forty thousand dollars.
For continuing the improvement of the navi
gation of the Hudson river, above and below
Albany, and not above Troy, fifty thousand
dollars.
For the improvement of the navigation of the
Mississippi river, below the rapids, ninety
thousand dollars; the Ohio, including the repairs
of the dam at Cumberland Island, ninety thous
and dollars ; the Missouri, and the Arkansas
rivers, each forty thousand dollars; and for the
construction and repair of snag-boats, dredge
boats, discharging scows and machinery to be
used on the Mississippi, Ohio, Missouri, Ar-_
kansas, and other western rivers, one hundred
and fifty thousand dollars,
For the improvement of the James and Ap
pomatox rivers, below the cities of Richmond
and Petersburg, forty-five thousand dollars.
For the improvement of the Rock River
rapids, and the Drs Moines rapids in-’ the Mis
• sissippi river, at the lower chain and the En
gllSIl ClliUII, ulit; limmiiu uiuiiaauu uunaio.
For opening a ship canal of sufficient capaci
ty to accommodate the wants of commerce
through the most convenient pass leading from
the Mississippi river into the Gulf of Mexico,
seventy-five thousand dollars. And it shall be
1 the duty of the Secretary of War to apply said
moneys to the opening of said ship channel by
contract, and at an early day in the next session
of Congress, to report the progress of the work,
the amount necessary to complete it, and an es
i timate of the annual cost of keeping said channel
' open; and any contract made shall be-limited to
the amount hereby appropriated.
For removing the raft of Red River, one hun
, dred thousand dollars; and that the Secretary of
War be authorized to contract with the lowest
responsible bidder, within this appropriation,
for the removal of said raft after reasonable pub
■ ! lie notice.
For the improvement of the navigation of the
Colorado river, Texas, twenty thousand dollars.
For the survey of the Trinity river, Texas,
including the bar at the mouth, three thousand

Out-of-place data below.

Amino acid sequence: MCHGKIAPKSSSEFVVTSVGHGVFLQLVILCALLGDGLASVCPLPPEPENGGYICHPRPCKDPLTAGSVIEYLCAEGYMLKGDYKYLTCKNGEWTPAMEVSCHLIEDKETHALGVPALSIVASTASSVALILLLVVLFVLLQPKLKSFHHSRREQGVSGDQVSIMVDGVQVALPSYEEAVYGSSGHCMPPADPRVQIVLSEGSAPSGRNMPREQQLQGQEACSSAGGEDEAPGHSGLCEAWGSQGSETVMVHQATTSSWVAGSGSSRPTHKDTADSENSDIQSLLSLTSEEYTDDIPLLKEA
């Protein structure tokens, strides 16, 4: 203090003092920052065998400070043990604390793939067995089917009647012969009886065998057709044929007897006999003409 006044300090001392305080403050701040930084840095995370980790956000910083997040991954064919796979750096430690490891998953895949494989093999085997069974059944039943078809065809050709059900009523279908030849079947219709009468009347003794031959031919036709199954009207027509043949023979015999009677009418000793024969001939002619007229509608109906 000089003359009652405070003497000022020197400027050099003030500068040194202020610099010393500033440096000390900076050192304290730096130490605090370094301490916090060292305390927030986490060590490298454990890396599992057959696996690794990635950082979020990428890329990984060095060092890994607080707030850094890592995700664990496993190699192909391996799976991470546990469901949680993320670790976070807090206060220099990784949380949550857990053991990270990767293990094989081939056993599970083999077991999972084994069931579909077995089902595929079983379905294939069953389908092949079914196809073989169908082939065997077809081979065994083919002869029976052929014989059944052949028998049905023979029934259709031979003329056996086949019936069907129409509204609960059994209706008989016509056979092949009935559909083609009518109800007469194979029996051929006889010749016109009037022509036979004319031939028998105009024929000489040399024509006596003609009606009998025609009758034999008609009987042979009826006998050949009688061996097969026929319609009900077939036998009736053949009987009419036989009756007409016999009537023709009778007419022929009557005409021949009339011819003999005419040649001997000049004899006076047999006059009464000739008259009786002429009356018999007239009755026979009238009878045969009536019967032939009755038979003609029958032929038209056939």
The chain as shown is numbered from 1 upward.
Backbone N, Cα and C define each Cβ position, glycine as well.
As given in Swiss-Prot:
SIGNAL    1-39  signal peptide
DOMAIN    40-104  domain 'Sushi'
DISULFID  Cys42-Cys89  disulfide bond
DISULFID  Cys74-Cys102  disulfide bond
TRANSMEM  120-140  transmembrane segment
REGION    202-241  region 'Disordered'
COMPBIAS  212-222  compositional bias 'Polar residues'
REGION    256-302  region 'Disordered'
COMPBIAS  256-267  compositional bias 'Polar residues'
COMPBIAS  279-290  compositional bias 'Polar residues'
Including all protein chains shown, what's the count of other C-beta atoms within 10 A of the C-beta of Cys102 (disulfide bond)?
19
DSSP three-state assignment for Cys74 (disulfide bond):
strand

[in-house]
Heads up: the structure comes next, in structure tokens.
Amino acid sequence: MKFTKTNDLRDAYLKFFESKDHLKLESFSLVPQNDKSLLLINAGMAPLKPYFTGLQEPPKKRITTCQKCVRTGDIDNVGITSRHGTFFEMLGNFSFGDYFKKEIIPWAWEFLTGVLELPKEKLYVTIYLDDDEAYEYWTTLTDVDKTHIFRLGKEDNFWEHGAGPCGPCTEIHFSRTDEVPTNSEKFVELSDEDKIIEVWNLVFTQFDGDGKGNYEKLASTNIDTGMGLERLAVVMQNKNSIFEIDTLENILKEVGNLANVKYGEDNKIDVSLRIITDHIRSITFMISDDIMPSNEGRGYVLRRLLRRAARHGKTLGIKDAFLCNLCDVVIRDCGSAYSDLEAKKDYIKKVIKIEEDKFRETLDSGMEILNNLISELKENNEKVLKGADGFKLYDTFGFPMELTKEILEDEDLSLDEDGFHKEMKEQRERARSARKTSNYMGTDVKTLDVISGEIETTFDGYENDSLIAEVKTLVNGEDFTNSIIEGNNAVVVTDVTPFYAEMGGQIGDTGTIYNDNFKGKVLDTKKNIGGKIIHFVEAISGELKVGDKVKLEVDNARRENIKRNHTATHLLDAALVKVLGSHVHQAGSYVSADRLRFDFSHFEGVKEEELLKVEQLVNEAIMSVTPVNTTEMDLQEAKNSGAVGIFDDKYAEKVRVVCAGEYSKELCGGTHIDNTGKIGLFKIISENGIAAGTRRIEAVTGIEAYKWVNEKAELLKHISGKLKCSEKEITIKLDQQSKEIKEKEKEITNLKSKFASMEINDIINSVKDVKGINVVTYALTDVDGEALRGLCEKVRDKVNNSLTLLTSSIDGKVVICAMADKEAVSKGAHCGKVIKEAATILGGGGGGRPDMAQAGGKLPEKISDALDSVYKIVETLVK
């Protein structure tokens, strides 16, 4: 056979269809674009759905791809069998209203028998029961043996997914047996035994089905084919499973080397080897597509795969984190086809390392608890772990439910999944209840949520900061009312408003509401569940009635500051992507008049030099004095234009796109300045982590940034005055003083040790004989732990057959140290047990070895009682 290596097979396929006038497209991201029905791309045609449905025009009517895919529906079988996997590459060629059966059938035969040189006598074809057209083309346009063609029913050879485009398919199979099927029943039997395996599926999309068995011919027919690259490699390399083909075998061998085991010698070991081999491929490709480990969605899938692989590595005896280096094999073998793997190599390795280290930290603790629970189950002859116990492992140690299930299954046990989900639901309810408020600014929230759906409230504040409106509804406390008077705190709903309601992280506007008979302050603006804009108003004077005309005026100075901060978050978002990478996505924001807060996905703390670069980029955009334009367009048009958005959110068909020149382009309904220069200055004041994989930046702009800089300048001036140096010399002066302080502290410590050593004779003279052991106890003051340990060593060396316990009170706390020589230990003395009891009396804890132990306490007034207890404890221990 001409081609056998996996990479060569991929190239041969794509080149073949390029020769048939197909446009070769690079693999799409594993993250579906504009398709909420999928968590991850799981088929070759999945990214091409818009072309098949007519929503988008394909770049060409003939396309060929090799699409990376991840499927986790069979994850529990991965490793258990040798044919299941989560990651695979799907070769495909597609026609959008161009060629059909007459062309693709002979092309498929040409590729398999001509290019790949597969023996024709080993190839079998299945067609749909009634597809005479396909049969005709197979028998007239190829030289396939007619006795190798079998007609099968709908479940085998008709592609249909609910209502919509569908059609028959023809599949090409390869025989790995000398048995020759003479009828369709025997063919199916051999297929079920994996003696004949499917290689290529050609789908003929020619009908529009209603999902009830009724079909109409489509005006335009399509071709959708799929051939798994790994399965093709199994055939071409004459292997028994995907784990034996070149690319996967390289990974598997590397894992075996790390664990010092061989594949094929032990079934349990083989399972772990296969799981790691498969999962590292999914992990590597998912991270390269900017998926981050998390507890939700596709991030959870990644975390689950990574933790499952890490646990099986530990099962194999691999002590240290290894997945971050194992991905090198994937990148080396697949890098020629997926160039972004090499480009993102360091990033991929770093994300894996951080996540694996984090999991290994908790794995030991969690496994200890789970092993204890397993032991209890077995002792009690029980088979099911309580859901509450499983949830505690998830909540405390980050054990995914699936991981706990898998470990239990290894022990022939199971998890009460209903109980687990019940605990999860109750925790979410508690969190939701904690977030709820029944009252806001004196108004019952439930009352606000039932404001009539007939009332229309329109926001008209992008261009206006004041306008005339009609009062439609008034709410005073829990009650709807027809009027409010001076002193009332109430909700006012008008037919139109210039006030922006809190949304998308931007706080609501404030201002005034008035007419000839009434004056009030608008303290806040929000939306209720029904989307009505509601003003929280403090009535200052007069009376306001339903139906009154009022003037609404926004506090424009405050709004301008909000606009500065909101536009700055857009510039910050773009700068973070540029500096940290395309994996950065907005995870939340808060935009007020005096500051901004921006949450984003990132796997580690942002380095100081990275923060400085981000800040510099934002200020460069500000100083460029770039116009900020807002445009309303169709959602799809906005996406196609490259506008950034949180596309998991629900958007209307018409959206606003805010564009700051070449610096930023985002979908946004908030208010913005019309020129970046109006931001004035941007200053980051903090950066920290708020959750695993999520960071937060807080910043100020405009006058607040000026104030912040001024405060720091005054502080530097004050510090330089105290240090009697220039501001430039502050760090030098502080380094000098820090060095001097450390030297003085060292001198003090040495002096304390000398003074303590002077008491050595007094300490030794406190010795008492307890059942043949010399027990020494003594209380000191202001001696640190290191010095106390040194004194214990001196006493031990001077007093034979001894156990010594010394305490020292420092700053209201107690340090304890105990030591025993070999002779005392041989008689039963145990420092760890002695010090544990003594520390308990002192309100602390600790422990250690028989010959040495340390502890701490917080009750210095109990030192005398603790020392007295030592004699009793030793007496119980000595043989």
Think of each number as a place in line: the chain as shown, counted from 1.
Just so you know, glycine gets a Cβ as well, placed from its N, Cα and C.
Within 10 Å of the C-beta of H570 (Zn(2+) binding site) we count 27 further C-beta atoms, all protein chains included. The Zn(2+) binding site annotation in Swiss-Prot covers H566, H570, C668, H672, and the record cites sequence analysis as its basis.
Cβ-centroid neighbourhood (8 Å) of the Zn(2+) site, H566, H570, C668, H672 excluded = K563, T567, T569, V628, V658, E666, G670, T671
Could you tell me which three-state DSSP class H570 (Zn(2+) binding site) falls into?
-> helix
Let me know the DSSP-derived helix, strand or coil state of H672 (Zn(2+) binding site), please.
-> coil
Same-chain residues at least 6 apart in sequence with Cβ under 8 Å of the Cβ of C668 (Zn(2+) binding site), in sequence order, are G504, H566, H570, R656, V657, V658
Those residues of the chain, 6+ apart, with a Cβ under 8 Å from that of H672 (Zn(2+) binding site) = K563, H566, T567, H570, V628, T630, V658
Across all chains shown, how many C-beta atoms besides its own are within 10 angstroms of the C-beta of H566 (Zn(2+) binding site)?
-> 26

dollars.
For a breakwater at Richmond Island harbor,
and repairing the breakwater in Portland har
bor, Maine, ten thousand dollars.
For removing the rocks obstructing the navi
gation near Falls island, Cobscook bay, Maine,
five thousand dollars.
For a survey in reference to the construction
of a breakwater on the eastern side of the Is
land of Matinicus, Maine, one thousand dol
lars.
For the protection of Great Brewster Isfand,
in the harbor of Boston, rtiirty thousand dollars.
For the preservation of Cape Cod harbor, at
and near Provincetown, Massachusetts, five
thousand dollars.
For repairing the breakwater at Hyannis har
bor, Massachusetts, five thousand dollars.
For the preservation of Great Woods Hole
harbor, two thousand five hundred dollars.
For a survey in reference to the construction
of a breakwater at East Dennis, Barnstable
uay, massacnuseus, one mousanu live nuiulrcu
dollars.
For repairing the injuries done to the Gov
ernment works on Plymouth Beach, in the great
storm of eighteen hundred and fifty-one, five
thousand dollars.
For a survey in reference to the improvement
of the harbor of Scituate, in connexion with the
North river, Massachusetts, one thousand dol
lars,
For the removal of Middle Rock, designated
on the chart as Rocky buoy, in the harbor of
New Haven, Connecticut, six thousand dollars.
For removing a rock near the mouth of the
Sekouk river, harbor of Providence, Rhode
Island, five thousand dollars.
For the further improvement of the harbor of
New York, by removing the rocks at Hell Gate
and Diamond Reef, in the East river, twenty
thousand dollars.
For a survey of the harbor at Port Jefferson,
New York, with reference to the improvement
thereof, twelve hundred dollars.
For the removal of the bar at the junction of
the Passaic and Hackensack river, in Newark
bay, New Jersey, ten thousand dollars.
For the survey of Cranbury inlet, Ilarnegat
bay, New Jersey, in reference to its improve
ment, one thousand dollars.
For the improvement of the Patapsco river,
from Fort McHenry to the mouth of said river,
twenty thousand dollars.
For the construction of a steam dredge, equip
ment and discharging scows, for the waters of
the Chesapeake bay and the Atlantic coast,
twenty thousand dollars.
For removing obstructions at the mouth of
die Susquehamma river, near llavre-de-Grace,
Maryland, ten thousand dollars.
For reopening a communication between Al
bemarle Sound, North Carolina, and the Atlan
tic ocean, by the construction of a breakwater
across Croatsn Sound, fifty thousand dollars.